Today I started the Morning Pages thing, there seems to be an online equivalent called 750words.
Giving it a try, will post with any updates as I feel them.
More importantly, I would like to share a quote that I really stuck with me from these past few days of reading and learning.
The convincing, immersive game world needs to be indifferent to the player and the player needs to feel like an intruder.
That was from this amazing blog full of interesting articles and even more interesting links that I will be reading quite often from now on.
As a design philosophy, it really feels like the complete opposite of the much praised Valve kind of design, where every player reaction is playtested and the flow of a level is almost perfected. It is interesting to hear a, quite convincing, argument from the other side.
A stark example of these two different approaches to design that come to my mind is the Thief series.
Here the intruder aspect is part of the story and package in both Thief 2 and Thief 4.
In Thief 4 though, the levels feel so heavily designed around the player that they make the player consciously or not feel like the protagonist. Windows that I was supposed to climb in where always lit in some way, there were bright patches of paint in climbable walls and the rooftops felt much more of a “place to be” than the streets below did. That ended up undermining the “I am not supposed to be here cause, well I am a Thief” narrative with their “higher quality” level design.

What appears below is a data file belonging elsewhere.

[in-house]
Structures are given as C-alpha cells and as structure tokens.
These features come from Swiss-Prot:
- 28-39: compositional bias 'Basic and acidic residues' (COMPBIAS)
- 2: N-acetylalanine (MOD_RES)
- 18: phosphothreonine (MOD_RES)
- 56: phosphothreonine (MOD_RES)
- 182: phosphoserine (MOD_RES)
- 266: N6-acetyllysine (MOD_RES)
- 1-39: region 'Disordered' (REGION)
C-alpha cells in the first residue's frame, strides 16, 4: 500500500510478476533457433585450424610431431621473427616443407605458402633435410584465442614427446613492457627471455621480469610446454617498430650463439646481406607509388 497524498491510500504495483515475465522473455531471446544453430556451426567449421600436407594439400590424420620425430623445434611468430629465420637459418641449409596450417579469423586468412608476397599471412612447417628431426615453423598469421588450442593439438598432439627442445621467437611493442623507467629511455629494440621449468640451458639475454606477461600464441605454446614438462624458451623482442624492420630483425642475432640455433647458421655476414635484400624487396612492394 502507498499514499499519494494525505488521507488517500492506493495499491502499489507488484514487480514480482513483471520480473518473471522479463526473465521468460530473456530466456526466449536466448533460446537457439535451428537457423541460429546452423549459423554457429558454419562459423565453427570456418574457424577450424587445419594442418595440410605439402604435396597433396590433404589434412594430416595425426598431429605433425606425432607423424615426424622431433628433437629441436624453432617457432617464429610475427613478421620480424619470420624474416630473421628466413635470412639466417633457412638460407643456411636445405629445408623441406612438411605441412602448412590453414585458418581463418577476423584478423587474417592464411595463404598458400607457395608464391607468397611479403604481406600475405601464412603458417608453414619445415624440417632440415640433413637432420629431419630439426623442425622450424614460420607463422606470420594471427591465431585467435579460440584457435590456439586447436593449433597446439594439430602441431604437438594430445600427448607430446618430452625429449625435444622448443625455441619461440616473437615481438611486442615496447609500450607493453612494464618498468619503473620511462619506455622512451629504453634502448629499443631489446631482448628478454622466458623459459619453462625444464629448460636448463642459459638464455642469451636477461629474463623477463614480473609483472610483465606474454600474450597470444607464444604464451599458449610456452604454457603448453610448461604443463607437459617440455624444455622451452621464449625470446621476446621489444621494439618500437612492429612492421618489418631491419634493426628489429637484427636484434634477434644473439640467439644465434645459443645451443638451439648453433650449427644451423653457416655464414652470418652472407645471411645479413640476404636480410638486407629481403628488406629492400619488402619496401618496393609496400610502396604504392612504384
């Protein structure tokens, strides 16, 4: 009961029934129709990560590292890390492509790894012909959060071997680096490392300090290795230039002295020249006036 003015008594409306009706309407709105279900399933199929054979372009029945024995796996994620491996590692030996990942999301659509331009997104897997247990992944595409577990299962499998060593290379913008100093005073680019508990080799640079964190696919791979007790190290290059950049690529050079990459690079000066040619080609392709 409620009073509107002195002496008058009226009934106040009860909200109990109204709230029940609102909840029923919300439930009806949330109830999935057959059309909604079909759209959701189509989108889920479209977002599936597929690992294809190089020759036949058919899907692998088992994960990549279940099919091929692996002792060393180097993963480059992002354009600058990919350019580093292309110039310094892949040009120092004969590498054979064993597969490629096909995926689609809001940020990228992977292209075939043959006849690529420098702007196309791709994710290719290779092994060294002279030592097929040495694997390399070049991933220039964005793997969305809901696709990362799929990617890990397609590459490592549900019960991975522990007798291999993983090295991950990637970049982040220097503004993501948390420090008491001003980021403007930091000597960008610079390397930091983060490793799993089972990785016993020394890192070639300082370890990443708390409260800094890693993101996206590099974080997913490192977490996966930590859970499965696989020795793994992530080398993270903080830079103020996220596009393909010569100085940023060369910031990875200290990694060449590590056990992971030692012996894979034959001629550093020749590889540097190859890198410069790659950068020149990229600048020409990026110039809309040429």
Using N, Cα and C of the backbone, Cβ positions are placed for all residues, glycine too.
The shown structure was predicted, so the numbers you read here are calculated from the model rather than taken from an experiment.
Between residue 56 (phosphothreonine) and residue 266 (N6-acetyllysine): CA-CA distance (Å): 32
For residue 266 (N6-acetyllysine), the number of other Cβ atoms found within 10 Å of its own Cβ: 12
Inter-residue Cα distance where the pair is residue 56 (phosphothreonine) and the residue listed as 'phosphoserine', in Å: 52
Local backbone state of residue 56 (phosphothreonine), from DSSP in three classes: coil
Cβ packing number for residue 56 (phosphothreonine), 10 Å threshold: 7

In Thief 2, by contrast, I remember often getting lost, not knowing where to go next and where my objectives where. My map did not have any indicators of my location and that gave me a very real sense of “I am not supposed to be here”, you know… like a thief!
Another example cited was GoldenEye for N64, (I have not played the game though) where some rooms did not have any gameplay purpose, they just seemed to “be there”. The reason for this was that in contrast to modern level design, the levels in Goldeneye were first designed as areas, without any thought on where the player was going to start or have to go, they just made a “place” that made sense on its own. Then they would design the “level” on top of that.
The whole thing got me thinking about design, and how there is no right or wrong way to design, only design that serves the purposes of whatever narrative/feeling you are trying to convey and design that undermines it.
Anyway,check the Astronauts blog out if you are interested, it has some amazing stuff.